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Evergreen agriculture: re-greening Africa's landscape

The benefits that trees provide are best sustained by integrating them into agriculturally productive landscapes (© Charlie Pye-Smith/ICRAF)
The benefits that trees provide are best sustained by integrating them into agriculturally productive landscapes
© Charlie Pye-Smith/ICRAF

With climate change, increasing populations, reduced landholdings and declining soil productivity, the outlook for Africa's farms may look bleak. However, whilst forest cover is declining, the number of trees on farms is increasing. And where there are trees, farmers have access to fodder, timber, fruit and fuel, plus shade for their crops. In Malawi, yields have increased by up to 280 per cent where maize is grown under the canopy of Faidherbia albida trees. In Niger, around 4.8 million hectares of Faidherbia-dominated agroforests enhance millet and sorghum production.

The transformation of agriculture into agroforestry is well underway across not only Africa but the globe, says Dennis Garrity of the World Agroforestry Centre. "Over a billion hectares of agricultural land, almost half of the world's farmland, have more than 10 per cent of their area occupied by trees and 160 million hectares have more than 50 per cent tree cover." He continues, "The benefits that trees provide are best sustained by integrating them into agriculturally productive landscapes."

Production and conservation

Maize farmers are boosting their yields by planting fertiliser trees (© Charlie Pye-Smith/ICRAF)
Maize farmers are boosting their yields by planting fertiliser trees
© Charlie Pye-Smith/ICRAF

One of the greatest benefits of evergreen agriculture - integrating trees with annual food crops to provide year round plant cover - is that a wide variety of tree species can be planted to provide households with the goods and services that they need. And, not only do the trees provide food and income, but they also enhance soil fertility and water conservation. The nitrogen-fixing Faidherbia, for example, has a deep penetrating tap root, making it resistant to drought and, unlike most trees, it sheds its leaves in the rainy season to provide valued biomass, which is applied as a mulch. In Zambia and Malawi more than 100,000 farmers have extended their conservation farming practices to include cultivating food crops within agroforests of Faidherbia trees.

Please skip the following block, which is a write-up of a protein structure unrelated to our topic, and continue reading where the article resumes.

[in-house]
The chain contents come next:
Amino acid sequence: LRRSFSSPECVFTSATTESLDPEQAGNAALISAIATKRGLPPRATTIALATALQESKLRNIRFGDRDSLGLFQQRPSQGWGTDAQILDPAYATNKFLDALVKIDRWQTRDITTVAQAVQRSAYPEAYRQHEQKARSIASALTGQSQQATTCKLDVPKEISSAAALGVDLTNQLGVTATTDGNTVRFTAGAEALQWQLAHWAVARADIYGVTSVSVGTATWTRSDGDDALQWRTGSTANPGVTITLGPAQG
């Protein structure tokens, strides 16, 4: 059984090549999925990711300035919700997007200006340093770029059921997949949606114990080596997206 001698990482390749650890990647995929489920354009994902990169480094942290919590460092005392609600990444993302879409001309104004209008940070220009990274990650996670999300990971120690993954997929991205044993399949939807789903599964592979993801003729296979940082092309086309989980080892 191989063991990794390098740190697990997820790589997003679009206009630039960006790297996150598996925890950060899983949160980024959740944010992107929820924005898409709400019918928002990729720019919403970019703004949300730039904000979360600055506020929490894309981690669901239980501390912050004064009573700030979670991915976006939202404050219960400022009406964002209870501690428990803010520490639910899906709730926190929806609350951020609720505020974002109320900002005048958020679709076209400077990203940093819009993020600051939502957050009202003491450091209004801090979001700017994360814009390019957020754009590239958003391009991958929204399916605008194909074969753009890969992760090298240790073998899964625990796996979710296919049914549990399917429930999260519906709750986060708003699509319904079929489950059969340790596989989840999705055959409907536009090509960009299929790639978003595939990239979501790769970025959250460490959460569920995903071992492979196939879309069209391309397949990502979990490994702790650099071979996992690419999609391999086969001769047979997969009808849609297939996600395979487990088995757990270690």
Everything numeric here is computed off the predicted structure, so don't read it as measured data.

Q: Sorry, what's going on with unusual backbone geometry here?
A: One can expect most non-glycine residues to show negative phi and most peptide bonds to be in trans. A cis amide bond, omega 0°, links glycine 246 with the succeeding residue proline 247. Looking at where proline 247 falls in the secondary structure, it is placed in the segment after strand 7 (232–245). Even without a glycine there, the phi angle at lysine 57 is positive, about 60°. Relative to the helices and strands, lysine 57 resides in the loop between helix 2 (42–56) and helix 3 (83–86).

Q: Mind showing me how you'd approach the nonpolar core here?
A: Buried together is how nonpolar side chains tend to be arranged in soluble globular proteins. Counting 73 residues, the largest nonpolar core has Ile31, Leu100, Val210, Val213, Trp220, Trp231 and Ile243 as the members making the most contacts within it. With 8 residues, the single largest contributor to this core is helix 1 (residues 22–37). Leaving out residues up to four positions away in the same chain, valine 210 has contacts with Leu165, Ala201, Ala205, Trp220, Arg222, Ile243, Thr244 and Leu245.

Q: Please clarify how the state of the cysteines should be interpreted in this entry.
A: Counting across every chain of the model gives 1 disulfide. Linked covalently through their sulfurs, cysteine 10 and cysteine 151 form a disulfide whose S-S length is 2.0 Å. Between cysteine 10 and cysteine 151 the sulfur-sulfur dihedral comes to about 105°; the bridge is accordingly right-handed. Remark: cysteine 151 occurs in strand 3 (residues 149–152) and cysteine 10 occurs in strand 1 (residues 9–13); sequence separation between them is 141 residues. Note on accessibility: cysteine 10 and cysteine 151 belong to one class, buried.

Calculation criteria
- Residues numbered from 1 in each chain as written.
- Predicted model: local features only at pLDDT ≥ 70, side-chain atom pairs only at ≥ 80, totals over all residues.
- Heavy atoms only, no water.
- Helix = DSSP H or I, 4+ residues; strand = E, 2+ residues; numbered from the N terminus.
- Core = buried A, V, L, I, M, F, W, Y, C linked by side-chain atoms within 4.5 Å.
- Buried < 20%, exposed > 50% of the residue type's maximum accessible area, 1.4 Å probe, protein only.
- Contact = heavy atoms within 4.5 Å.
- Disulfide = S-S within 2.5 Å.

Gliricidia sepum, another fertiliser tree intercropped as a shrub, is cut back during cropping to provide biomass, fodder and fuel. Besides increasing soil fertility, weeds are suppressed and water filtration and the amount of carbon stored in the soil increases. "Agroforestry systems provide much greater carbon offset opportunities than any other climate mitigation practice in agriculture," states Garrity.

Progress in Malawi, Kenya, Niger and Senegal

In 2005, through the work of the World Agroforestry Centre and partners, around 100,000 smallholder farmers in Malawi were benefiting from planting fertiliser trees. However, through scaling-up of agroforestry systems as a result of Malawi's Agroforestry Food Security Programme, supported by Irish Aid, a further 200,000 farm families have benefited in the last four years from increased food production and nutrition. The programme provides seeds, nursery materials and training for a range of agroforestry practices, including the planting of fertiliser trees, which particularly benefit the poor.